js33
09-26-2003, 11:53 AM
Someone was a little/lot on the greedy side weren't they.
Those kind of overpriced addons gave the Mac it's overpriced image. Not only was the Mac expensive but all the addons were a rip off as well. A lot has changed and it needs to keep changing to be price competitive. One could buy an entire NLE with uncompressed capability including a dual computer on the PC side for less than $20,000. Also with a lot of people using DV and firewire capture these cards are not even necessary for most.
At $20,000 for a capture card I could find better ways to spend that money.

Cheers,
JS

Beamtracer
09-27-2003, 09:05 AM
Originally posted by js33
Someone was a little/lot on the greedy side weren't they.
Those kind of overpriced addons gave the Mac it's overpriced image.

JS... you're muttering anti-mac stuff again, just to be anti-mac.

Really. Mac "overpriced addons"?

When those video capture cards came out for the Macintosh there was nothing comparable on Windows. You couldn't do 10-bit video editing on Windows at any price.

Also, at the time, $20,000 video capture cards were considered a bargain compared to the broadcast equipment that was previously available.

mlinde
09-27-2003, 12:45 PM
Originally posted by Beamtracer
JS... you're muttering anti-mac stuff again, just to be anti-mac.

Really. Mac "overpriced addons"?


Beam, hate to agree, but he's right. Mac add-ons are more expensive. Take the current crop of video cards. Mac v. PC, the PC card can be as little as 1/3 the cost. How about storage. Before Apple got a brain and went more mainstream, an IDE drive was about 3/4 the cost of a comparable SCSI drive. Apple monitors have always been more expensive than alternatives. And you can't tell me they've always been better. When WinNT got into video editing, WinNT systems were coming in at $1000 and up. Mac systems were coming in at $1500 and up. If you channel profits directly back to the development costs, it will cost more to do it on a Mac because there are fewer units sold.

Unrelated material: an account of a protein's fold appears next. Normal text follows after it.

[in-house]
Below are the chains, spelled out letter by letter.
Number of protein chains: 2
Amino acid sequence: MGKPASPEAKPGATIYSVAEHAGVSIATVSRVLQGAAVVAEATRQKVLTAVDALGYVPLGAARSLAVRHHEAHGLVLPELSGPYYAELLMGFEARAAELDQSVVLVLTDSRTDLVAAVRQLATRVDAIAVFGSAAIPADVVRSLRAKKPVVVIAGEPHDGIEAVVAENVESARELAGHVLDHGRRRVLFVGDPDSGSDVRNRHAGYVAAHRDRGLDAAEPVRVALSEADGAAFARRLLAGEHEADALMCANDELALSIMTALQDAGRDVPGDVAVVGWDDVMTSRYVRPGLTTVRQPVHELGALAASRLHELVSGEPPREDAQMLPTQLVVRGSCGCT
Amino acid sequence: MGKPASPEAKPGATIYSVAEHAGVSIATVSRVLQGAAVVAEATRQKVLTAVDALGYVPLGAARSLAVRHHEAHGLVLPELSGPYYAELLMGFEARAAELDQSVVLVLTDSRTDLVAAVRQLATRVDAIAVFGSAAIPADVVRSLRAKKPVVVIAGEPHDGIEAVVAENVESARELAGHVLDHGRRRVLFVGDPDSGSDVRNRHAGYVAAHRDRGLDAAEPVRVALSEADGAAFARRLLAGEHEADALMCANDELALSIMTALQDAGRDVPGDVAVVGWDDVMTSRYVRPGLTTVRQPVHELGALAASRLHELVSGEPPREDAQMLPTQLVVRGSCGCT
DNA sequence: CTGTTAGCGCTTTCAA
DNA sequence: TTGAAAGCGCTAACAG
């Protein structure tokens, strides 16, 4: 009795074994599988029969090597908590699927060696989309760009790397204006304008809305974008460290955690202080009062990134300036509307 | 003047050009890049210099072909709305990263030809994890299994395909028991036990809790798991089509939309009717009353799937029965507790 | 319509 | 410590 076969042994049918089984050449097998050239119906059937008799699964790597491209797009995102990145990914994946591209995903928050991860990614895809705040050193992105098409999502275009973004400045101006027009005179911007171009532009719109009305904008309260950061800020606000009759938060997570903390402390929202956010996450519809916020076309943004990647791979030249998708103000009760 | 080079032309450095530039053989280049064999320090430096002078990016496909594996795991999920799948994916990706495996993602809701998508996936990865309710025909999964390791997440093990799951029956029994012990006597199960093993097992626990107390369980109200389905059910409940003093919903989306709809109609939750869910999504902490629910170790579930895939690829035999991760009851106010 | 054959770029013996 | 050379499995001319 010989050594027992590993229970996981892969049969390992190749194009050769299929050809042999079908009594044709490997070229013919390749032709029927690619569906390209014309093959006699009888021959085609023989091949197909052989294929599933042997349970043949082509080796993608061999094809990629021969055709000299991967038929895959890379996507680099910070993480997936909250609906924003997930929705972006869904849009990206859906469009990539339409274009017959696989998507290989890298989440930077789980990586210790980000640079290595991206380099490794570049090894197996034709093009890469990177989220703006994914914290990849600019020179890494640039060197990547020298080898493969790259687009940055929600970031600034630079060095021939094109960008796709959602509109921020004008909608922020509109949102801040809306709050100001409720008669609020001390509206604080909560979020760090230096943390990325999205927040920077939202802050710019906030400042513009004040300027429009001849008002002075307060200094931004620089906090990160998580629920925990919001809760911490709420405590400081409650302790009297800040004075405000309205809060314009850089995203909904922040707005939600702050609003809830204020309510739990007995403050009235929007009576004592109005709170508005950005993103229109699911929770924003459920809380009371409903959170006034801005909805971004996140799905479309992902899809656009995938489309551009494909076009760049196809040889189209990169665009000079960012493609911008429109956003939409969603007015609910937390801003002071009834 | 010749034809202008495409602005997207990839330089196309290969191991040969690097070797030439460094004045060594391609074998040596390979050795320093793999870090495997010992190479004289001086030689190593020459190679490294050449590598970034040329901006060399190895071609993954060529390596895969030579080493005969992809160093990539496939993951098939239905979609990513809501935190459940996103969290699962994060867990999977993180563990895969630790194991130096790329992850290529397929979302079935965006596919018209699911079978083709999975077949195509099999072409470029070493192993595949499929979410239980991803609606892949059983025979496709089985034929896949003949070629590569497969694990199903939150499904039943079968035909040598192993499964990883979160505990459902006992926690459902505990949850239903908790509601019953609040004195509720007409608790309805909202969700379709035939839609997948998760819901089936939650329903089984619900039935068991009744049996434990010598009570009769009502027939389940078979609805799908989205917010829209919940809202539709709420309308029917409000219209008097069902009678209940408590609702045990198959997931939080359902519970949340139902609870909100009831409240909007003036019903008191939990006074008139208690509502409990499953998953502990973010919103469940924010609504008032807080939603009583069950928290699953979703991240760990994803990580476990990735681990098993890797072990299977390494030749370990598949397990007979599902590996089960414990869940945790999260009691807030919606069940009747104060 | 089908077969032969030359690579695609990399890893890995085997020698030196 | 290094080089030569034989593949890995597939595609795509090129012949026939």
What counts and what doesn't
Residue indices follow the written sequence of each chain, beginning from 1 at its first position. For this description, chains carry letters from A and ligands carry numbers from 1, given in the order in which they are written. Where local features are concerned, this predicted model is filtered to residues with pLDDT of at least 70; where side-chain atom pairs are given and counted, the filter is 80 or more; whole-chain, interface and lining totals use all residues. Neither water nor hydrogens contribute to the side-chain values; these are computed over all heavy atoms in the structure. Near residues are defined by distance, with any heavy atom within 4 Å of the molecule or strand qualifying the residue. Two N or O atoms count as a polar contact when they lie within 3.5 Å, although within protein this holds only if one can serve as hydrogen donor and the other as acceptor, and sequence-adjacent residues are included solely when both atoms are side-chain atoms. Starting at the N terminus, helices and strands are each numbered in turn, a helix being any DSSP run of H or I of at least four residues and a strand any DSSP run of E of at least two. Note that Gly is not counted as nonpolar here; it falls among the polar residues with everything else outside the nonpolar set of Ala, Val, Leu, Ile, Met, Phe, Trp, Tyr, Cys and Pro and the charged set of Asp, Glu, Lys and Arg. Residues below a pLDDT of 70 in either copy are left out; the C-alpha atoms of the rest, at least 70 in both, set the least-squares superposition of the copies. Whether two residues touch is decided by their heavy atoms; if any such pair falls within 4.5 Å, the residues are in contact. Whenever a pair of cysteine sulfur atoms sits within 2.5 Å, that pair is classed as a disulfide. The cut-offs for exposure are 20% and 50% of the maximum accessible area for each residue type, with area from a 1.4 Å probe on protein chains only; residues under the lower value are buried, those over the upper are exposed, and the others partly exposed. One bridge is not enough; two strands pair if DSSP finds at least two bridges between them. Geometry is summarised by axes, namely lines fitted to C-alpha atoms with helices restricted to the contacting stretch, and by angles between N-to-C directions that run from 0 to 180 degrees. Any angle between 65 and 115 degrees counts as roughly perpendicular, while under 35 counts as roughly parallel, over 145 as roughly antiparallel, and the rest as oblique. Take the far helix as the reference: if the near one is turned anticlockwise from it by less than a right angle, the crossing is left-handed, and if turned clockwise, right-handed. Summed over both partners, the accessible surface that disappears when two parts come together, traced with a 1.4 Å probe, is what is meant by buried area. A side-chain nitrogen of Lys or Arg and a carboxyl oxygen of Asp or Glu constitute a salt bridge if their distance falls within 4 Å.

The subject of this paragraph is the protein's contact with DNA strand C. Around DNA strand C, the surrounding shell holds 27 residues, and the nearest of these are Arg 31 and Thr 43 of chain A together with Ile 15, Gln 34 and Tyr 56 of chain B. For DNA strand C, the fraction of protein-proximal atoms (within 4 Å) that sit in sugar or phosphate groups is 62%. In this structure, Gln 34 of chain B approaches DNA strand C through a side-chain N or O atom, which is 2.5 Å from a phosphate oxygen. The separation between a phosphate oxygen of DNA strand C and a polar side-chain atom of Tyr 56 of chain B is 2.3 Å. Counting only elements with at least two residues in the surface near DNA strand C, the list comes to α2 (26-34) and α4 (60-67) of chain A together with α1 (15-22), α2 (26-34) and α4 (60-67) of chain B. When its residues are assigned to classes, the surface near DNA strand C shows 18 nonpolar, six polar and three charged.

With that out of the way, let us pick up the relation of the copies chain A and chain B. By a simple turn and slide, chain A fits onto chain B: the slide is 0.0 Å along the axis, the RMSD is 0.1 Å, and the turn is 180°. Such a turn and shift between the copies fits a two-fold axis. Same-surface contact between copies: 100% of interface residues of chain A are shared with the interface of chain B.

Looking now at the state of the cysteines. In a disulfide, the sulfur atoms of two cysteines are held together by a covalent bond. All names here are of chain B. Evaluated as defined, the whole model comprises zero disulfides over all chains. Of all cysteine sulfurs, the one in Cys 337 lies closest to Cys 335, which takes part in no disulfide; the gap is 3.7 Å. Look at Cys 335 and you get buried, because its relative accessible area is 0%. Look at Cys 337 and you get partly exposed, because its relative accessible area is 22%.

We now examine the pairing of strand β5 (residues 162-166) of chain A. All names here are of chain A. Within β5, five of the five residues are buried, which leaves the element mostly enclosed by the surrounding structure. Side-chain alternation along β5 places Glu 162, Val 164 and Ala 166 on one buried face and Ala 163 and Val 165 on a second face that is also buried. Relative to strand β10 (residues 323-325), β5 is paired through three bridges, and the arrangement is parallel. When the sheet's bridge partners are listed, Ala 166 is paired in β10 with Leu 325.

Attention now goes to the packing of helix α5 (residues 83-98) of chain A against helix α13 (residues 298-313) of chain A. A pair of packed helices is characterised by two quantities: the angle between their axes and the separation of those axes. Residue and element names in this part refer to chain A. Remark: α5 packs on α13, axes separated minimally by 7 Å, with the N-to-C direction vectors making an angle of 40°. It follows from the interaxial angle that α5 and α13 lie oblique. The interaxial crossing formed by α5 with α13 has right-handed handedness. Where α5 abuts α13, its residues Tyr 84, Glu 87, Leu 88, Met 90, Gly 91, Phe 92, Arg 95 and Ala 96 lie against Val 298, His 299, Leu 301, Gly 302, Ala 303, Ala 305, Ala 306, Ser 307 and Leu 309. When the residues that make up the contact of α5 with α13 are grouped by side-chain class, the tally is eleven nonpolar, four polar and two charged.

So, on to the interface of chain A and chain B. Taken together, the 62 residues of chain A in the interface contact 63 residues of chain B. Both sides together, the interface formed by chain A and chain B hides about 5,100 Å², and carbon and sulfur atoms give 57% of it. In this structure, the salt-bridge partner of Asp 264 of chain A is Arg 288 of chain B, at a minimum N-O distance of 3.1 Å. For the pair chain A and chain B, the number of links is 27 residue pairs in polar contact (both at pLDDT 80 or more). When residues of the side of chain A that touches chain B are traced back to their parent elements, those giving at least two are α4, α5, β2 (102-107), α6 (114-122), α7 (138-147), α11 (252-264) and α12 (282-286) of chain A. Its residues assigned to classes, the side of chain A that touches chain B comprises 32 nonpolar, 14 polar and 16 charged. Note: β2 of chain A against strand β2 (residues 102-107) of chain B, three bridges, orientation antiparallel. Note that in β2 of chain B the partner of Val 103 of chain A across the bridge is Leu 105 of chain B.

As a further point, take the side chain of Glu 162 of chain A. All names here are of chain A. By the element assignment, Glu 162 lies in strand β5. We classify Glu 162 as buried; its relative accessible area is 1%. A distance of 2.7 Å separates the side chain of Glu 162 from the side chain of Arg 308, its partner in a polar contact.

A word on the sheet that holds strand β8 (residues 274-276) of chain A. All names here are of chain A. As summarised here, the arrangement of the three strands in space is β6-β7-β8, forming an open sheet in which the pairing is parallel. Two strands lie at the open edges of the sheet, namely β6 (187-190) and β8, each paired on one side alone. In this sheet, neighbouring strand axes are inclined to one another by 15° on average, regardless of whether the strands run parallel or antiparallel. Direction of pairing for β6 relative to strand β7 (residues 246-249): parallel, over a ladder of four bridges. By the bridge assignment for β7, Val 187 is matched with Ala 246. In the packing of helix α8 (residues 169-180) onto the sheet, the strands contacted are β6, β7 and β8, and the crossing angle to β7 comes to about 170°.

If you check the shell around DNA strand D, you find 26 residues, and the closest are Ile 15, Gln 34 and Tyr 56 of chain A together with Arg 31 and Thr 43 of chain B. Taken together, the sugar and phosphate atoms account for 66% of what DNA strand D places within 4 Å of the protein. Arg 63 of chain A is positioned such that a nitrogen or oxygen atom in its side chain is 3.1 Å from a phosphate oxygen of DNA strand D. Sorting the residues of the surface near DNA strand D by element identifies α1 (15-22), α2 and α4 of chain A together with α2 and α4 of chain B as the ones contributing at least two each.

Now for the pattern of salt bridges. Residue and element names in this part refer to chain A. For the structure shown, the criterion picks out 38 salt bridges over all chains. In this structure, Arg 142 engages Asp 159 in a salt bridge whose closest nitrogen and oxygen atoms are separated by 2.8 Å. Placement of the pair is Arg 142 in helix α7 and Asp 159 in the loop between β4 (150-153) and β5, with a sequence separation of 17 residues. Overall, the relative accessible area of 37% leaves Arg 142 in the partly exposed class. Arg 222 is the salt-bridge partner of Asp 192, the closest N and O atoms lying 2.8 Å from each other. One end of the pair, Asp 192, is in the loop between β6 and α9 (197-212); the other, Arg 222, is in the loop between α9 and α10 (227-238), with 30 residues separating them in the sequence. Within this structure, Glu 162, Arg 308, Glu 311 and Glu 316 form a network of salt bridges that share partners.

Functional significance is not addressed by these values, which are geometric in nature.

Ed M.
09-28-2003, 07:59 AM
mlinde, you write:


If you channel profits directly back to the development costs, it will cost more to do it on a Mac because there are fewer units sold.

I'm not sure what you are saying here.

As far as *tools* go, their initial cost soon becomes *nil* depending on what you do. If you are in an actual production environment, this is certainly true. If you are a simple hobbyist then the cost might not be justified.

Don't believe me? Just go to an automobile repair facility, automotive body shop, local resturante... Go to a construction site where a house, apartment building or even a skyscraper are being built. The same goes for a bridge, aircraft... ANYTHING that's commercial or industrial and you'll soon realize that the initial cost of the tools simply don't matter because they are factored into the cost of doing business and usually pay for themselves in very little time; I'm guessing that mid to large-size video and animation houses understand this.

Again, the industries I've mentioned (as well as many others) aren't using the cheap home/consumer junk you'll find at Wal-Mart, K-Mart or Don's power-tools and comic book shop.

Now, you might see some Craftsman hand tools from Sears being used, but that's about it. Craftsman hand tools have come a LONG way from the quality that they used to be (compared to the competition).

Most consumers are only aware of what they see loaded on store shelves, what's being peddled on infomercials and TV adds etc. That doesn't mean that it's the *good stuff*. In fact, most people don't even know what the good stuff is or how to find it. Yeah, you can buy a 2000-piece tool set off of one of those infomercials for about $200.00. You'll never see that same set at any facility worth it's salt. PERIOD. What are some of the tools of which I speak?

Tools like:

Snap-On
BOSCH
Milwaukee
MAC
SK
Xcelite
Hobart
Lincoln
Henkle
Wusthof
All-Clad
Skill
Portercable
John Deer
Honda
Billy Goat

The list is enormous!

Add-ons? They are a plenty and they are PLENTY expensive as well. This isn't for consumer/hobiest work. The cost of the add-ons for the pros evaporate as well. What are the add-ons for these tools? Well, lets see...

Routers, drills, lathes etc. all need bits. These bits can become amazingly expensive. Go price a full set of 14 carbide plug-cutter bits and you'll see that these small things that comprise the set will cost in excess of $2300.00! What about a good set of carbide or cobalt drill bits? What about the ceramic and diamond dits that are available? You could probably buy 2 fully loaded G5s for that price.

The same goes for saw blades of any type. In these industries, the cost of the tools is insignificant to qa large extent because they are factored in and quickly pay for themselves. What's more, these add-ons are often thrown away when they ware out and others are bought top replace those!